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HealthInfo Waitaha Canterbury

Diabetes & feet

Mate huka me waewae

If you have diabetes, it's important to look after your feet.


If you discover any problems with your feet, contact your podiatrist or general practice team immediately. If they aren't available, go to your nearest after-hours clinic. Remember, any delay in getting advice or treatment when you have a problem can lead to serious problems.

An older woman with swollen feet putting on shoesDiabetes can damage the nerves (diabetic neuropathy) and blood vessels supplying your feet. This can affect the feeling in your feet (peripheral neuropathy) and circulation in your feet (ischaemia).

These changes can lead to problems with your feet such as infections and ulcers.

Severe foot disease can lead to you losing toes or even your whole foot (amputation).

Reducing your risk of diabetic foot problems

You can reduce your risk of diabetic foot problems by:

You have a low risk of diabetic foot problems if your feet are in good condition.

You have a medium or high risk of diabetic foot problems if:

Symptoms of diabetic foot problems

Early damage may not cause any symptoms. A foot check with your general practice team or podiatrist will pick up early signs of damage.

You may get pins and needles, burning or numbness in your feet.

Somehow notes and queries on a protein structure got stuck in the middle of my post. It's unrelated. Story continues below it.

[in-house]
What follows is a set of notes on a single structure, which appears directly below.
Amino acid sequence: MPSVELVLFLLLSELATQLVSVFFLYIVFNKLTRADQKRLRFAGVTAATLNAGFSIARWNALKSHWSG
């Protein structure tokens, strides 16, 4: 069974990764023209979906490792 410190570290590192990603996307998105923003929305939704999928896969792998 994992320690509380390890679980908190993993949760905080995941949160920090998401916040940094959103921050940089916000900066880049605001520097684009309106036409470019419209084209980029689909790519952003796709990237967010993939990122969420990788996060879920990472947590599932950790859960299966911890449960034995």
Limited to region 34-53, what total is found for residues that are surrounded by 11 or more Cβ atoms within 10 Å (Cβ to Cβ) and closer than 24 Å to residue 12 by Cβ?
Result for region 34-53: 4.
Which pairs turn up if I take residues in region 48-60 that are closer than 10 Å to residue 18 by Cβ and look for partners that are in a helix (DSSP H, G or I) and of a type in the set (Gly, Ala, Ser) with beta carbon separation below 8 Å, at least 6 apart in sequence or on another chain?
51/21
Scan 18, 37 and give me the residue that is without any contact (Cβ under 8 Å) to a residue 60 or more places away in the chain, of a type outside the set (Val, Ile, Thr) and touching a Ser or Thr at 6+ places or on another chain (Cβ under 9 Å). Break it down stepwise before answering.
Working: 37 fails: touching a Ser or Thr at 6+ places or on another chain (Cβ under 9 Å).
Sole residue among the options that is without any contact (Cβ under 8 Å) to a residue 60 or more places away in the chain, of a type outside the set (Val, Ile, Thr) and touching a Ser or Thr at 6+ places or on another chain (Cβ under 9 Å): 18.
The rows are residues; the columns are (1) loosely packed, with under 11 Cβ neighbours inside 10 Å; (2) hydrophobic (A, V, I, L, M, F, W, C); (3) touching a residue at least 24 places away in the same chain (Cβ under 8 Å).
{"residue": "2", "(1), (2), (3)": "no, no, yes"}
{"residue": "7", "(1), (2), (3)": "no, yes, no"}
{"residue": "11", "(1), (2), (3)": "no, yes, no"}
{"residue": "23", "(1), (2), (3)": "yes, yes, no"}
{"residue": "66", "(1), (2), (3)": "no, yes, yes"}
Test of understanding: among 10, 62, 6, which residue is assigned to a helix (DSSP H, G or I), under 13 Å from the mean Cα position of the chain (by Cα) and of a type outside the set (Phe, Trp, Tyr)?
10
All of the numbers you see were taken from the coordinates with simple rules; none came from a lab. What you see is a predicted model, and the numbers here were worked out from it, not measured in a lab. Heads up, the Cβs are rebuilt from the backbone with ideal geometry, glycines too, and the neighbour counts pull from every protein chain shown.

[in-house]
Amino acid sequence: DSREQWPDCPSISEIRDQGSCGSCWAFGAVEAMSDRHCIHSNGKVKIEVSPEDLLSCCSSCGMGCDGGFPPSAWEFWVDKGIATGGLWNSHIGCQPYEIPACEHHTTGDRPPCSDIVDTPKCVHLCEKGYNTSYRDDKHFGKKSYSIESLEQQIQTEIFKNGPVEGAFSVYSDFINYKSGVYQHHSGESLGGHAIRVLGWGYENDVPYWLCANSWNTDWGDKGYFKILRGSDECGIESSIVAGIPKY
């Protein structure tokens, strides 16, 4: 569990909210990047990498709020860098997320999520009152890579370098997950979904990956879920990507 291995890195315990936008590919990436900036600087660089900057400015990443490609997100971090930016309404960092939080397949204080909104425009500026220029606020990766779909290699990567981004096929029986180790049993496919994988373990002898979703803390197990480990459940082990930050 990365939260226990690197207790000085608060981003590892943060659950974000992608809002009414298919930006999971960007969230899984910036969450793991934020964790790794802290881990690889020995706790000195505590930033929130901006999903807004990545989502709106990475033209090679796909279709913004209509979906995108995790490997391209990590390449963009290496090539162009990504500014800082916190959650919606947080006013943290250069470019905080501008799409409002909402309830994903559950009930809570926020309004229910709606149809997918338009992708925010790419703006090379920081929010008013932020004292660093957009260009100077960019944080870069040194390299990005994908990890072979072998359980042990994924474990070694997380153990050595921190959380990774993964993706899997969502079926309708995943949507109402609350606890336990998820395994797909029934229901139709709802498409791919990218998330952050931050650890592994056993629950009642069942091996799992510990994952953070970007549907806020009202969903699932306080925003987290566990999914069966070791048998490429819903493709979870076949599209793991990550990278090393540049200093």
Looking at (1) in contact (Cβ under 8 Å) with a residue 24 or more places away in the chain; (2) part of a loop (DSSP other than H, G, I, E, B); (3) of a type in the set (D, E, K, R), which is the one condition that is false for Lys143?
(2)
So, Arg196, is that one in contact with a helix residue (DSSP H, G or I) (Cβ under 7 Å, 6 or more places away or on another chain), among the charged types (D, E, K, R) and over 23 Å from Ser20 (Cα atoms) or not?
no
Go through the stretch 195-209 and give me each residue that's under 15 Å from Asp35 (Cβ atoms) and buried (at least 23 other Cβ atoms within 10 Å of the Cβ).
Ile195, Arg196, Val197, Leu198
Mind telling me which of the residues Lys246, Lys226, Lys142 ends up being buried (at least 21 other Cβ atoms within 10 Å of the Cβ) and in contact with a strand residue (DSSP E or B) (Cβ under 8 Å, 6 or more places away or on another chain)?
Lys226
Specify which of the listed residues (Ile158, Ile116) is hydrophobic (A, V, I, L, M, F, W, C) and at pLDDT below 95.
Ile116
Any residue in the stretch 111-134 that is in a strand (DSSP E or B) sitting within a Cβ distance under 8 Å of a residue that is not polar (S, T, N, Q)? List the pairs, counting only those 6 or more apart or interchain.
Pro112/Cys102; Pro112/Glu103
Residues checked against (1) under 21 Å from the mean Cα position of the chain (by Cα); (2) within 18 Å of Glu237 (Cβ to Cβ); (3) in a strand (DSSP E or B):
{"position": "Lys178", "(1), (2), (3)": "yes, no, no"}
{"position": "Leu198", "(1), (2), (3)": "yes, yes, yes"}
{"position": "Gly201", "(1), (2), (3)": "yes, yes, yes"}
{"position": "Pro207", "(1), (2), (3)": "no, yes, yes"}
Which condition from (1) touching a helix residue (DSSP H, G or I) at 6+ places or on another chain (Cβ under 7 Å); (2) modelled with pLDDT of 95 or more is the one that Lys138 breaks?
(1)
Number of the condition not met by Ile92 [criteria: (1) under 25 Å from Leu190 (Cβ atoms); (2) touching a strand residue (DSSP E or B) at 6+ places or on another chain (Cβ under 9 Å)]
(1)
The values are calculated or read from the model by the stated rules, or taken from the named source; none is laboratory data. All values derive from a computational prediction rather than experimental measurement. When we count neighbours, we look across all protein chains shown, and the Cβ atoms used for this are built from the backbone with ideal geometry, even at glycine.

You may also get pain in your feet or legs.

Treating diabetic foot problems

Looking after your feet is the most important thing in treating diabetic foot problems.

Good control of your diabetes will help your feet heal.

If you get an infection in your feet, you'll need quick treatment with antibiotics.

Infected foot ulcers need to be treated with dressings and antibiotics.

Your doctor may prescribe pain relief medication to treat pain in your feet.

Self‑care for diabetic foot problems

Look after your feet. For more information, see Self-care for your feet.

Have good control of your diabetes.

Do not smoke.

Eat well and be physically active.

See your general practice team or podiatrist for a foot check at least once a year.

Get checked for high blood pressure and high cholesterol, as these can affect the blood flow to your feet.

Getting help for diabetic foot problems

The following health care professionals can help:

If you have high-risk feet, you may be able to see a podiatrist without needing to pay.

On the next page: Self‑care for your feet

Written by HealthInfo clinical advisers. Last reviewed November 2022.


Page reference: 84656

Review key: HIDIA-21832